So this is a clear demonstration of what adoption can really be. It’s not just a second chance for an abandoned child. It’s a family that doesn’t see the adopted child as different from the biologically-linked propagation method of family expansion against which it is usually judged. Families are about how you are raised and love is based on familiarity and safety, comfort and teaching, support and expressions of interconnectedness. Blood isn’t thicker than anything. Love is. Your parents are the ones who hold you when you cry and pick you up when you fall down. I’ve never seen that story told so well on the big or small screen.

The other piece of the puzzle that strikes me as important — and what turns this into something other than a set piece investigation into an adopted love story — is childhood freedom. We can achieve almost anything at any age. We don’t have to be twenty-five before we can do something with our lives worth doing. In this story, high school students turn a building that should have long since been condemned into a beautiful historically-restored masterpiece of construction, change the minds of corporate boards and pretty much self-organize as a micro-culture of their own. That’s not the most significant part of the story, though.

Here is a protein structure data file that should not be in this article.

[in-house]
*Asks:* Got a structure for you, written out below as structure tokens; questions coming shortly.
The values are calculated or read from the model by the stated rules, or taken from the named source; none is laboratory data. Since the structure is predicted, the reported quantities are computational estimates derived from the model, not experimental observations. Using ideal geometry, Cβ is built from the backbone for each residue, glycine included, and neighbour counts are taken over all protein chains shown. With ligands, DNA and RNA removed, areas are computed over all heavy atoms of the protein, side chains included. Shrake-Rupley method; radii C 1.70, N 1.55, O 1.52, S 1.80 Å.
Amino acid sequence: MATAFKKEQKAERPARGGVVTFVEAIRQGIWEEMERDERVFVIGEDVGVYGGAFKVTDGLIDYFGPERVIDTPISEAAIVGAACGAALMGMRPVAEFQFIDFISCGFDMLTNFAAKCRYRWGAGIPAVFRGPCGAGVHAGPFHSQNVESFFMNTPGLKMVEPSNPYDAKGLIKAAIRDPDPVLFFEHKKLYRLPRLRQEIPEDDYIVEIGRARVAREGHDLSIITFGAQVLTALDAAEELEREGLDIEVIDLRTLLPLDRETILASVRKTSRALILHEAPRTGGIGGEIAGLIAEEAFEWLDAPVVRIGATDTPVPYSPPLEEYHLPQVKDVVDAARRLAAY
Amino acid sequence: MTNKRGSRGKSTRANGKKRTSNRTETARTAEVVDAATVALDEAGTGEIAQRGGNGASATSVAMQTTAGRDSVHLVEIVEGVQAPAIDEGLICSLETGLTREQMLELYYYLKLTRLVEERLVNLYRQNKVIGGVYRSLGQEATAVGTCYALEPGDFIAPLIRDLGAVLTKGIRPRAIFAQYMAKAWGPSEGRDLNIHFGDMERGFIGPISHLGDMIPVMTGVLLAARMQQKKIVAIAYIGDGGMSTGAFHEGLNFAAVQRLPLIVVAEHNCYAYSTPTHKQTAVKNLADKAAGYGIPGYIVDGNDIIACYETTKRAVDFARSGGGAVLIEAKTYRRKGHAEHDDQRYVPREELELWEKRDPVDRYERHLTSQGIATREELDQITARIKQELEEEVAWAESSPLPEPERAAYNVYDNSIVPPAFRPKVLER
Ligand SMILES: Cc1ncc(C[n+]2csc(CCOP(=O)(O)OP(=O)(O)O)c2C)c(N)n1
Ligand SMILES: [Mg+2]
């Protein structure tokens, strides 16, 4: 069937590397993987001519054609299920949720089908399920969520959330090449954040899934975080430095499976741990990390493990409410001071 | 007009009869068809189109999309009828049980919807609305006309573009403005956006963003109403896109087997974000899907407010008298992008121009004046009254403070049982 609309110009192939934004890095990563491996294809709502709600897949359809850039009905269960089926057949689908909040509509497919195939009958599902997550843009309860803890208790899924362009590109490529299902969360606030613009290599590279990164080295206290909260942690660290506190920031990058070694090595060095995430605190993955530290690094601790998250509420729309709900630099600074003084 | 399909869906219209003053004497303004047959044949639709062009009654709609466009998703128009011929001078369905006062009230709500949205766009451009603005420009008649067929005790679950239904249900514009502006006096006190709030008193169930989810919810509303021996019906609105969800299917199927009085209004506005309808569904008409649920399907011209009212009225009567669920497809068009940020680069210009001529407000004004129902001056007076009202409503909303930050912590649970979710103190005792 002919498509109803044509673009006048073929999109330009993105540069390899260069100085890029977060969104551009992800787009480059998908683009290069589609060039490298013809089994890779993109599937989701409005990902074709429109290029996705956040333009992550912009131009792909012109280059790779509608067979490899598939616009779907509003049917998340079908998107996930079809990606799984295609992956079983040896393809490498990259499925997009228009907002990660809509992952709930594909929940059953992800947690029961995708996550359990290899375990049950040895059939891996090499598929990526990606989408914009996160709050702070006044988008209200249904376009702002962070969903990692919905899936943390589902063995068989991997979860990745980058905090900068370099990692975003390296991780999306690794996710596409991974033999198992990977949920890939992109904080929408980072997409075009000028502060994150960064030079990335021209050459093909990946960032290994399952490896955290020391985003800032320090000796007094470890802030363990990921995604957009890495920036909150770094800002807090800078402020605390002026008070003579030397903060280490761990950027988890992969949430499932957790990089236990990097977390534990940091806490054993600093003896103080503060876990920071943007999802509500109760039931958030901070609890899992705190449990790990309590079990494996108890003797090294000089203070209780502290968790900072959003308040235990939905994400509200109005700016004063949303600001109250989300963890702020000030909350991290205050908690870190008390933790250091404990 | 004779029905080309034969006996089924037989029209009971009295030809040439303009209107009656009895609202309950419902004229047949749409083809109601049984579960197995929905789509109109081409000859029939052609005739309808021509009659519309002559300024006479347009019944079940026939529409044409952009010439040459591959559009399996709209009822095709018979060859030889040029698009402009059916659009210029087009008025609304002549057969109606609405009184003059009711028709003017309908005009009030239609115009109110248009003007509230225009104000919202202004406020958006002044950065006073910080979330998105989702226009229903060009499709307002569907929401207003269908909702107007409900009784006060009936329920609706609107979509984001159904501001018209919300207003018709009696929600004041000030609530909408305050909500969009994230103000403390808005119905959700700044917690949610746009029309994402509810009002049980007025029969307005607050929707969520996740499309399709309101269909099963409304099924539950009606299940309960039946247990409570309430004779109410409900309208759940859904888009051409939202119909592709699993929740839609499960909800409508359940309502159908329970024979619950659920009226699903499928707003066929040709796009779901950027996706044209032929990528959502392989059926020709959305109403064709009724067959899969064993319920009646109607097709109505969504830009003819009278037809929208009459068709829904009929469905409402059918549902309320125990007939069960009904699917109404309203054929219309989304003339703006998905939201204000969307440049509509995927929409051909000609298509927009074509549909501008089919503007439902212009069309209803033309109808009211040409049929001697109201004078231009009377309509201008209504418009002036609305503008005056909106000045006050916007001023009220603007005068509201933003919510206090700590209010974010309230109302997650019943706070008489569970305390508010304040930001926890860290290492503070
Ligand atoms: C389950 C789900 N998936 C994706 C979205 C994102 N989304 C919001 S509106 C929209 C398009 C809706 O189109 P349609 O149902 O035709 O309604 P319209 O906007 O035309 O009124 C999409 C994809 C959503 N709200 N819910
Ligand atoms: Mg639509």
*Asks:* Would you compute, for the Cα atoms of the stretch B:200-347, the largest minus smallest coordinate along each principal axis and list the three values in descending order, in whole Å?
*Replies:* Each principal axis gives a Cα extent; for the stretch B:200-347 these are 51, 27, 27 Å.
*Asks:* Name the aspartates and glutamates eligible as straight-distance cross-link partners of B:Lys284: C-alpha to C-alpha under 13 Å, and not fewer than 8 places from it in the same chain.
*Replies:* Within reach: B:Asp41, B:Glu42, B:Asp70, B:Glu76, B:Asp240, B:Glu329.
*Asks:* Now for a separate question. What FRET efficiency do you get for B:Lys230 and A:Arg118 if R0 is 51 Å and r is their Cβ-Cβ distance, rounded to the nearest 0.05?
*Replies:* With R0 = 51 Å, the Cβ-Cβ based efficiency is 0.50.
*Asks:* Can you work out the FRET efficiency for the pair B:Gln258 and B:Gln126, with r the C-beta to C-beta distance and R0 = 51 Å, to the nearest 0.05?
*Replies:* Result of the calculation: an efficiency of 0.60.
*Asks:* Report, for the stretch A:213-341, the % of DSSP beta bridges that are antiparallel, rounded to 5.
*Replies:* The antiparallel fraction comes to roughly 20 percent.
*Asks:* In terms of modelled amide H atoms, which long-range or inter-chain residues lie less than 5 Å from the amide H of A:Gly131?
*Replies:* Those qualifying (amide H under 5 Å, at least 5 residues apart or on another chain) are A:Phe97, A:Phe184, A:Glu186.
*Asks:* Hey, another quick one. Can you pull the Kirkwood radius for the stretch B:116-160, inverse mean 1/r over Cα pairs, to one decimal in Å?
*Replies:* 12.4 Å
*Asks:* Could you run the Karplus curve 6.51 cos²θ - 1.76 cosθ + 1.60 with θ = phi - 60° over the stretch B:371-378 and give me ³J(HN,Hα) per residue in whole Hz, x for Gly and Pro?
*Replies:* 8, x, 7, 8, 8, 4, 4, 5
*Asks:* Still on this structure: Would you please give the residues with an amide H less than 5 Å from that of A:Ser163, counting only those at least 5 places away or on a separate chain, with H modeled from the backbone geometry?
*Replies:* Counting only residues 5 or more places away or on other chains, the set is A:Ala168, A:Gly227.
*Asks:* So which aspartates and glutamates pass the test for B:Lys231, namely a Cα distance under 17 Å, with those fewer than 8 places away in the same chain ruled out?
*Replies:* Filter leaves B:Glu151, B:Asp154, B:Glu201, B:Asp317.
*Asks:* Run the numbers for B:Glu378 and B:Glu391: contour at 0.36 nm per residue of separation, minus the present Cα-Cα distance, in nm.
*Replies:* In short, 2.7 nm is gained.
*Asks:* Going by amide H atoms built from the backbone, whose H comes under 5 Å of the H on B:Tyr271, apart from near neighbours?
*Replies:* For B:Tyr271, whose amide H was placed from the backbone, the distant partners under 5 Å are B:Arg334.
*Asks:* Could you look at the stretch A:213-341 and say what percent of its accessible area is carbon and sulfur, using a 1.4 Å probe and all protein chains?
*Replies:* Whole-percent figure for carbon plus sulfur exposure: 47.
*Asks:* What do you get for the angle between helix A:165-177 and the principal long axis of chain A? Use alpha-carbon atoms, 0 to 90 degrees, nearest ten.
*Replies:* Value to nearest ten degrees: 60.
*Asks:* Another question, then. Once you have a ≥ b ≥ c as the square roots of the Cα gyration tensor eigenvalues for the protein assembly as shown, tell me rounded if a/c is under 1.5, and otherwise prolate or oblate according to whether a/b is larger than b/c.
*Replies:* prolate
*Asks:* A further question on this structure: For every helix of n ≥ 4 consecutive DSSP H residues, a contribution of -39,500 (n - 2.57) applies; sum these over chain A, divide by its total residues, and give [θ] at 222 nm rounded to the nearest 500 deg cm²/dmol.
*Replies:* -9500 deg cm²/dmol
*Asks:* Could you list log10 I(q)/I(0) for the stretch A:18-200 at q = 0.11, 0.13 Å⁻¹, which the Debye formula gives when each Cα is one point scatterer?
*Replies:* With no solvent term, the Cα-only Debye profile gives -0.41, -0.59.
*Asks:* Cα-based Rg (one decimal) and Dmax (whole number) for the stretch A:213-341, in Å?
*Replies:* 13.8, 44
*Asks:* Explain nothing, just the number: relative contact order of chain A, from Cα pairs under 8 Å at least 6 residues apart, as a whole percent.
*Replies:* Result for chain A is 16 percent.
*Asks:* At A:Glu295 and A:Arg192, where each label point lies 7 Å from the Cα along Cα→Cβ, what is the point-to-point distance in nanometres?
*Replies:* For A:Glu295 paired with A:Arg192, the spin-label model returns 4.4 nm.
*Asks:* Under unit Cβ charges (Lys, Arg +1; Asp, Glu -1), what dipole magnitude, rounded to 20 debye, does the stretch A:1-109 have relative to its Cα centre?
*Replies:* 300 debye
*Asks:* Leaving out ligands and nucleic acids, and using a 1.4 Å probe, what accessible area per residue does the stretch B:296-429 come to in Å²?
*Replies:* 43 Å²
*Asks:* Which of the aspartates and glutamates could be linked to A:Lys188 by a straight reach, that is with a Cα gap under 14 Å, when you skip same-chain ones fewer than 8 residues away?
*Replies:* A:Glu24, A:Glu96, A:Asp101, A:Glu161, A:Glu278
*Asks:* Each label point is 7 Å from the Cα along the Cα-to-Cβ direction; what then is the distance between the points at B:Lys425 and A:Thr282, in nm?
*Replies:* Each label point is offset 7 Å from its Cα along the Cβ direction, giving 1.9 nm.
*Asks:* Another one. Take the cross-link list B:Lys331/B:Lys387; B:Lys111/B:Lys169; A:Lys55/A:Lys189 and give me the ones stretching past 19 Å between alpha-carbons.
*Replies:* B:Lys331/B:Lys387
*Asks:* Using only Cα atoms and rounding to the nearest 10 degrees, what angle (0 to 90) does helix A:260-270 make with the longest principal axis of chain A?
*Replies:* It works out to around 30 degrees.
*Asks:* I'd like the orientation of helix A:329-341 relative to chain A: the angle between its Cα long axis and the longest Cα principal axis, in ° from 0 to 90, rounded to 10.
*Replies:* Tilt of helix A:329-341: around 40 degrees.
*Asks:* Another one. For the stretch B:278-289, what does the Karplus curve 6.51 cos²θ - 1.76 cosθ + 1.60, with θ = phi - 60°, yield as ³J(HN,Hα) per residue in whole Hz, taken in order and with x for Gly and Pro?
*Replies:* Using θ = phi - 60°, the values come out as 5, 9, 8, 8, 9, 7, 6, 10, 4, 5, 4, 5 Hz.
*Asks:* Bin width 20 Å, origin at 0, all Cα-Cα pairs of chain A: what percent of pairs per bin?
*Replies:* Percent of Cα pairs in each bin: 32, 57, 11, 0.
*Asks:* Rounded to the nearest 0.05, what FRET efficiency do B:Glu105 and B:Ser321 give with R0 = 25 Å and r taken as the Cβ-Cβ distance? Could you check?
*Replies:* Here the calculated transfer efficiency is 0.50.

In an age where children are shut off from the rest of society for their own protection, this is a demonstration of how things should be. These are people in secondary school who not only run their households as needed but travel to Tokyo, jump off buildings, light fires, publish newspapers. This is not a nod to health-and-safety regulations. It’s a blatant outcry against them. Not to say that we don’t need government protections, just that we don’t need special ones for young adults. The characters in this story aren’t cotton-wool-wrapped innocents. They’re adults in everything but times around the sun. It’s a story of expectations — if you demand performance, you’ll get it. We in the west have grown to suspect that young people are incompetent and have built a society and education system that rewards mediocrity and ineptitude, reducing everyone to the lowest common denominator in the name of equal opportunity, simply meaning that nobody has any opportunity to do anything other than live a life of quiet desperation unless they’re a moron. This is another pathway, one of expecting adult behavior, intelligent and logical thought, not pandering to behavioral problems or silliness but expecting from secondary students what we expect from doctoral students in the west — and even then, with vastly less whining and trips to the bar.